Despite the increasing technologization of society - or perhaps, indeed, because of it - literacy continues to be one of the principal goals of education. Yet the way in which the goal of literacy development is interpreted in classroom practice too easily becomes reduced to the mastering of what are sometimes called basic skills, as students engage in routine exercises in reading and writing, drawn from textbooks that they have no part in choosing. However, full literacy - the disposition to engage appropriately with texts of different types in order to empower action, thinking, and feeling in the context of purposeful social activity - will never be achieved until students' interests and purposes become the driving force for the literacy curriculum. This change is even more true for students discovering how writing can be an occasion for learning. In this conceptual paper, therefore, we focus on some of the roles that writing can play in developing literacy and learning when it takes place within classroom knowledge-building communities. To illustrate our argument, we draw on examples from the classrooms of teacher researcher colleagues.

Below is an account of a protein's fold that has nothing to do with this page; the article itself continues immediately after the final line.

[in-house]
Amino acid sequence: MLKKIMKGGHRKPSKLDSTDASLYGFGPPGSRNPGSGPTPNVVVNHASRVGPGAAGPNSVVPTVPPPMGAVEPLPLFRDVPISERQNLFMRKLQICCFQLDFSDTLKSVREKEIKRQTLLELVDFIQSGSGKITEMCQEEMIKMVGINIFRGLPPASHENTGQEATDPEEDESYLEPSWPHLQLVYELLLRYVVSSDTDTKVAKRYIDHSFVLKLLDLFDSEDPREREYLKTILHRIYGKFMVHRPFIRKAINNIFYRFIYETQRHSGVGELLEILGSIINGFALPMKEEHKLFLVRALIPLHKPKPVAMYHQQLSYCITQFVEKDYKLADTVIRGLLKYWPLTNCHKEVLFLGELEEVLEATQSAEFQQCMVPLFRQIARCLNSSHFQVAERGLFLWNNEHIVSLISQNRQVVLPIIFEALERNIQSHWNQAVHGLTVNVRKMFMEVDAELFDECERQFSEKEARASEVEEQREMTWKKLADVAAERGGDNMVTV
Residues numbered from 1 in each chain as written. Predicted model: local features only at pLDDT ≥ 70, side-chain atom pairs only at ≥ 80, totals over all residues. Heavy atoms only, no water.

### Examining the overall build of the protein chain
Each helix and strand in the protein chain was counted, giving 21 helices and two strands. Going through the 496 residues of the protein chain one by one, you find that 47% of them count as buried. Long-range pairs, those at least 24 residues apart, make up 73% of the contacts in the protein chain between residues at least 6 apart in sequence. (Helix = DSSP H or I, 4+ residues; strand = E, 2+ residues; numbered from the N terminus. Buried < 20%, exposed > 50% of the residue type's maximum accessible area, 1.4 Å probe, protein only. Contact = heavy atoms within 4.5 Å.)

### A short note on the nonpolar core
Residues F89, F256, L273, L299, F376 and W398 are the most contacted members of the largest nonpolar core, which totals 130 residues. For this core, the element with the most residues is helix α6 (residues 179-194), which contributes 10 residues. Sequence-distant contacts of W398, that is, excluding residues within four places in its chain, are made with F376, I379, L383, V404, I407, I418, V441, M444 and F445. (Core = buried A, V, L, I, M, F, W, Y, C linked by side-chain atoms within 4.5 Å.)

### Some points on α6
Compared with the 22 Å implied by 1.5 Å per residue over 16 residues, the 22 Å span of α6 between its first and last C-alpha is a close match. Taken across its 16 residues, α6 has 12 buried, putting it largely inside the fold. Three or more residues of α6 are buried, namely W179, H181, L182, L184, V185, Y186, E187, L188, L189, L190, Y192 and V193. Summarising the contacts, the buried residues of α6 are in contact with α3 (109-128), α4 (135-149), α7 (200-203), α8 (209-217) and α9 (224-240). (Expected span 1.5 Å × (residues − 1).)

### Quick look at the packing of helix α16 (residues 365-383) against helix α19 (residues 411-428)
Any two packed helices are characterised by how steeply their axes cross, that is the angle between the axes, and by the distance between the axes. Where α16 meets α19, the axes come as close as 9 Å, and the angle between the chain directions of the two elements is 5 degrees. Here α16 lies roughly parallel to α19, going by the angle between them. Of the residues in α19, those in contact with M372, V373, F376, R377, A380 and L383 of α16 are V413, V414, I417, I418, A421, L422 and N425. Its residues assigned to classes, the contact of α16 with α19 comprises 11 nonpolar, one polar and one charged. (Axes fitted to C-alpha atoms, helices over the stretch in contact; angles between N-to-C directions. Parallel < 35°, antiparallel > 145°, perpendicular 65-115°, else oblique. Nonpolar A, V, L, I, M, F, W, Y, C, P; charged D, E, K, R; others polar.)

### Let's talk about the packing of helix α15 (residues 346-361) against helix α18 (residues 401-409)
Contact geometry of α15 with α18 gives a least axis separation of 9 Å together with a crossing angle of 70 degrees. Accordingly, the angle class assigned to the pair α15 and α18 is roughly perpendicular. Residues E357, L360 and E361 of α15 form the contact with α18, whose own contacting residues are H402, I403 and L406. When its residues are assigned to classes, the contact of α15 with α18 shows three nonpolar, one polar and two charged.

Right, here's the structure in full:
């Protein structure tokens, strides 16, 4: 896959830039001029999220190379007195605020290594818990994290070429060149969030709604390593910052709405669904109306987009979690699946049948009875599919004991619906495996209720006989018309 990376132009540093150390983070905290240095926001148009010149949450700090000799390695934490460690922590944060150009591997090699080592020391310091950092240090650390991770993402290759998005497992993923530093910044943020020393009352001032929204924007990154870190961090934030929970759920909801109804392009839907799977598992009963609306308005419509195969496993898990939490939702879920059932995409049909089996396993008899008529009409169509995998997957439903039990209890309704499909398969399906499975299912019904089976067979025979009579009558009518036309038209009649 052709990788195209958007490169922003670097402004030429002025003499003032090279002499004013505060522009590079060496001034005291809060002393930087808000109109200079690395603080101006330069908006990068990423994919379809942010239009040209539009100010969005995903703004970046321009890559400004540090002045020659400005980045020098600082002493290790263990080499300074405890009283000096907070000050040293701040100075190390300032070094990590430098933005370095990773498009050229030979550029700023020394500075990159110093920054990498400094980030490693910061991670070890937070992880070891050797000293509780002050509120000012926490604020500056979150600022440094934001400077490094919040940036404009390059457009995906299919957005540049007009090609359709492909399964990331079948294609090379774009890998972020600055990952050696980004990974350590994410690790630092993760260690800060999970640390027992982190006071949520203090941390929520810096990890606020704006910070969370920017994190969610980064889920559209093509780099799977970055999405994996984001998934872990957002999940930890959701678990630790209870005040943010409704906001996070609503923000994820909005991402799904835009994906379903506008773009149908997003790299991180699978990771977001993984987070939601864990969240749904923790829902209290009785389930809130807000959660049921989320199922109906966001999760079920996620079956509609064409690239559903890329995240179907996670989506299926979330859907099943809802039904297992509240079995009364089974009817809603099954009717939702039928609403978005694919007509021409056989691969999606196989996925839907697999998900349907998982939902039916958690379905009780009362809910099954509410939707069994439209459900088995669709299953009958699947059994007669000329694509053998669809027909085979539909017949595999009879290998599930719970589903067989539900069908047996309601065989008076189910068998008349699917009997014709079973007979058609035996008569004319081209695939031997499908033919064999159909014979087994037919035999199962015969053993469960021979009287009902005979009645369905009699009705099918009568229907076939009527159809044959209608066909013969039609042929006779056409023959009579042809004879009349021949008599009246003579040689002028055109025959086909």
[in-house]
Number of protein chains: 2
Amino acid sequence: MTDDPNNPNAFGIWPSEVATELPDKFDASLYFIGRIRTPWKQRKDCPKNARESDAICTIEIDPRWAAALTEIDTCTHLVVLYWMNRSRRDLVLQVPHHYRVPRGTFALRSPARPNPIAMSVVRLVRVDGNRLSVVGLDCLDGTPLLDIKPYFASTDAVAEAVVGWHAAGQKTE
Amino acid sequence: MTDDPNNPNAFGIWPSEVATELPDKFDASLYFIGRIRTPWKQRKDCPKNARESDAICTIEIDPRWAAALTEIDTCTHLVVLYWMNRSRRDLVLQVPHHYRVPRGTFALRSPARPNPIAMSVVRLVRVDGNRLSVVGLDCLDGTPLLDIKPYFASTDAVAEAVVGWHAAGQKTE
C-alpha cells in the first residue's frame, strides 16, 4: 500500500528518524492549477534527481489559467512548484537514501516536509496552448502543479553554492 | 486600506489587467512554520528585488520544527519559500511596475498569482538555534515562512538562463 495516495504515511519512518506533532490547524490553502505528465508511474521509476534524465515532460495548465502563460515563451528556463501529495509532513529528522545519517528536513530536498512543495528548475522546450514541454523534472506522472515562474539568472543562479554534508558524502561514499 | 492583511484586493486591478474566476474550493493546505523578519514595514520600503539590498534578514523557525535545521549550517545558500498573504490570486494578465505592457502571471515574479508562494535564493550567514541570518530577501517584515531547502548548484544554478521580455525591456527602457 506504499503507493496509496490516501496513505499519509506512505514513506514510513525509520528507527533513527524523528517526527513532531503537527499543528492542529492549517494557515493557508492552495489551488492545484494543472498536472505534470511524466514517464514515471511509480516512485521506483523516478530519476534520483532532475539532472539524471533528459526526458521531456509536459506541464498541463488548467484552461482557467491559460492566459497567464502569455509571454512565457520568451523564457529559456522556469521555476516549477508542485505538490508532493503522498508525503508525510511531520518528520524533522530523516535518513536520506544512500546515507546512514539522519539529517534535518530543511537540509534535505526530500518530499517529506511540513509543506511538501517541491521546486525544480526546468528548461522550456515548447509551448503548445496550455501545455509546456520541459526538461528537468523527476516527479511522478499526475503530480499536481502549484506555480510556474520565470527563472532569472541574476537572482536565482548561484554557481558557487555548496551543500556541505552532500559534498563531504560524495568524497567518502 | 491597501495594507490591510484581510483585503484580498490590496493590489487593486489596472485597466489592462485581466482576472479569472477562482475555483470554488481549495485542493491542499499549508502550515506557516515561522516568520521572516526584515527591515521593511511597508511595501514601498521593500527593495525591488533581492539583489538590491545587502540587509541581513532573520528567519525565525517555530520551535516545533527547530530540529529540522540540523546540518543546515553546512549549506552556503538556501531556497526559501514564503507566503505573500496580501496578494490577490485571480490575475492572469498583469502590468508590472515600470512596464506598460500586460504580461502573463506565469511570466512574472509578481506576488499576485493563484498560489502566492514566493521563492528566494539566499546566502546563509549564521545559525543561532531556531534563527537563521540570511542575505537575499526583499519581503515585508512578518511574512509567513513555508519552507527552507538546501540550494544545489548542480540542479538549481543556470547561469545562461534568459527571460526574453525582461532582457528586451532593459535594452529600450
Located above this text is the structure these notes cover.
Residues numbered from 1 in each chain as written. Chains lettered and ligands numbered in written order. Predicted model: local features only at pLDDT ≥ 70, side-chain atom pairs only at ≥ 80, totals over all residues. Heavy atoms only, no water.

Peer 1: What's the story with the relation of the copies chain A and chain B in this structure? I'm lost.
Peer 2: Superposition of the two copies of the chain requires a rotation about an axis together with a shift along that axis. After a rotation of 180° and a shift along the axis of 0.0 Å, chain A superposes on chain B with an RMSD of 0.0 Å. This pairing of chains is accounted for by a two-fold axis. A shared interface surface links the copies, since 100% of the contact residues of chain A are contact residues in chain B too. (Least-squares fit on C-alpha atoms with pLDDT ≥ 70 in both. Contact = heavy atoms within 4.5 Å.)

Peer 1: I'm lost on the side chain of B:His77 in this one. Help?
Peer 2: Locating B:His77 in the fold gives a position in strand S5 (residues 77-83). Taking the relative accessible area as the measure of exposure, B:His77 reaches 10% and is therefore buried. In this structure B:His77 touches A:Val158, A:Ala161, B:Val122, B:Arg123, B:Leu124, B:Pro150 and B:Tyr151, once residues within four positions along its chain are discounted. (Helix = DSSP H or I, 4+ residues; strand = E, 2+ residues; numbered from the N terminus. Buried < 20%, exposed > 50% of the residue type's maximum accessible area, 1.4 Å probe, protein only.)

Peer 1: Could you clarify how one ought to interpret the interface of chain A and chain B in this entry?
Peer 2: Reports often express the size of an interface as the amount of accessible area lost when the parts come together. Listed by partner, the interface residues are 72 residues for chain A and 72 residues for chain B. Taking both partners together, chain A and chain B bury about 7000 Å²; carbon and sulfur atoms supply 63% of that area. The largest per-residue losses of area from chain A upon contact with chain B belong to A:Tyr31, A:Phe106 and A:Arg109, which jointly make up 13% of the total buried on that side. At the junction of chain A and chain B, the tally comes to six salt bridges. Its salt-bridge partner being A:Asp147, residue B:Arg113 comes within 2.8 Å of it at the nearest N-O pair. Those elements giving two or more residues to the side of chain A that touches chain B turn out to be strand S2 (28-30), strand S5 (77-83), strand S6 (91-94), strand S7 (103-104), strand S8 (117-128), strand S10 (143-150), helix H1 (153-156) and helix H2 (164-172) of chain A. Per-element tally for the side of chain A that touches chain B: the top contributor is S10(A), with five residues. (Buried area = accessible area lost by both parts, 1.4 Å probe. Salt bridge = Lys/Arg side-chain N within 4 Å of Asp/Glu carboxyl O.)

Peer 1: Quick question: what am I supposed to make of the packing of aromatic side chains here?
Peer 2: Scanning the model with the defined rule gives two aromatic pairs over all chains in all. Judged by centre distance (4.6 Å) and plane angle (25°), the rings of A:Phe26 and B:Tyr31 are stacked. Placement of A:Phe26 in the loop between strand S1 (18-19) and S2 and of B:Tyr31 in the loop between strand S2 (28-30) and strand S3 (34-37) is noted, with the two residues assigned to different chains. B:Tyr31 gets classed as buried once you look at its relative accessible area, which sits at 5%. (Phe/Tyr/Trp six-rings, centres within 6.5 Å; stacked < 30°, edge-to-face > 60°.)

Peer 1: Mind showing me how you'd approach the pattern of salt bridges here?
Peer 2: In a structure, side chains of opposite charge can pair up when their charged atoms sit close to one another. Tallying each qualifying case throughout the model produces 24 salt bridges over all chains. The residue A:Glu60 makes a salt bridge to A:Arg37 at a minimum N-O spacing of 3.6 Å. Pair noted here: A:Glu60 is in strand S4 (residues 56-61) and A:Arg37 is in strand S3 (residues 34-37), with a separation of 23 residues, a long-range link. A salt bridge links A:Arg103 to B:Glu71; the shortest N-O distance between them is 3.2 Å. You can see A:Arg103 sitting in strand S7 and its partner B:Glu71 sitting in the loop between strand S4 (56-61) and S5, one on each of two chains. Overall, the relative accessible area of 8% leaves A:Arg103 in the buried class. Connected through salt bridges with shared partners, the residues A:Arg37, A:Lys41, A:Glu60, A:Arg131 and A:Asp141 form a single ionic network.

|Original language||English (US)|
|Number of pages||29|
|Journal||Research in the Teaching of English|
|State||Published - Feb 1 2000|
All Science Journal Classification (ASJC) codes
- Language and Linguistics
- Linguistics and Language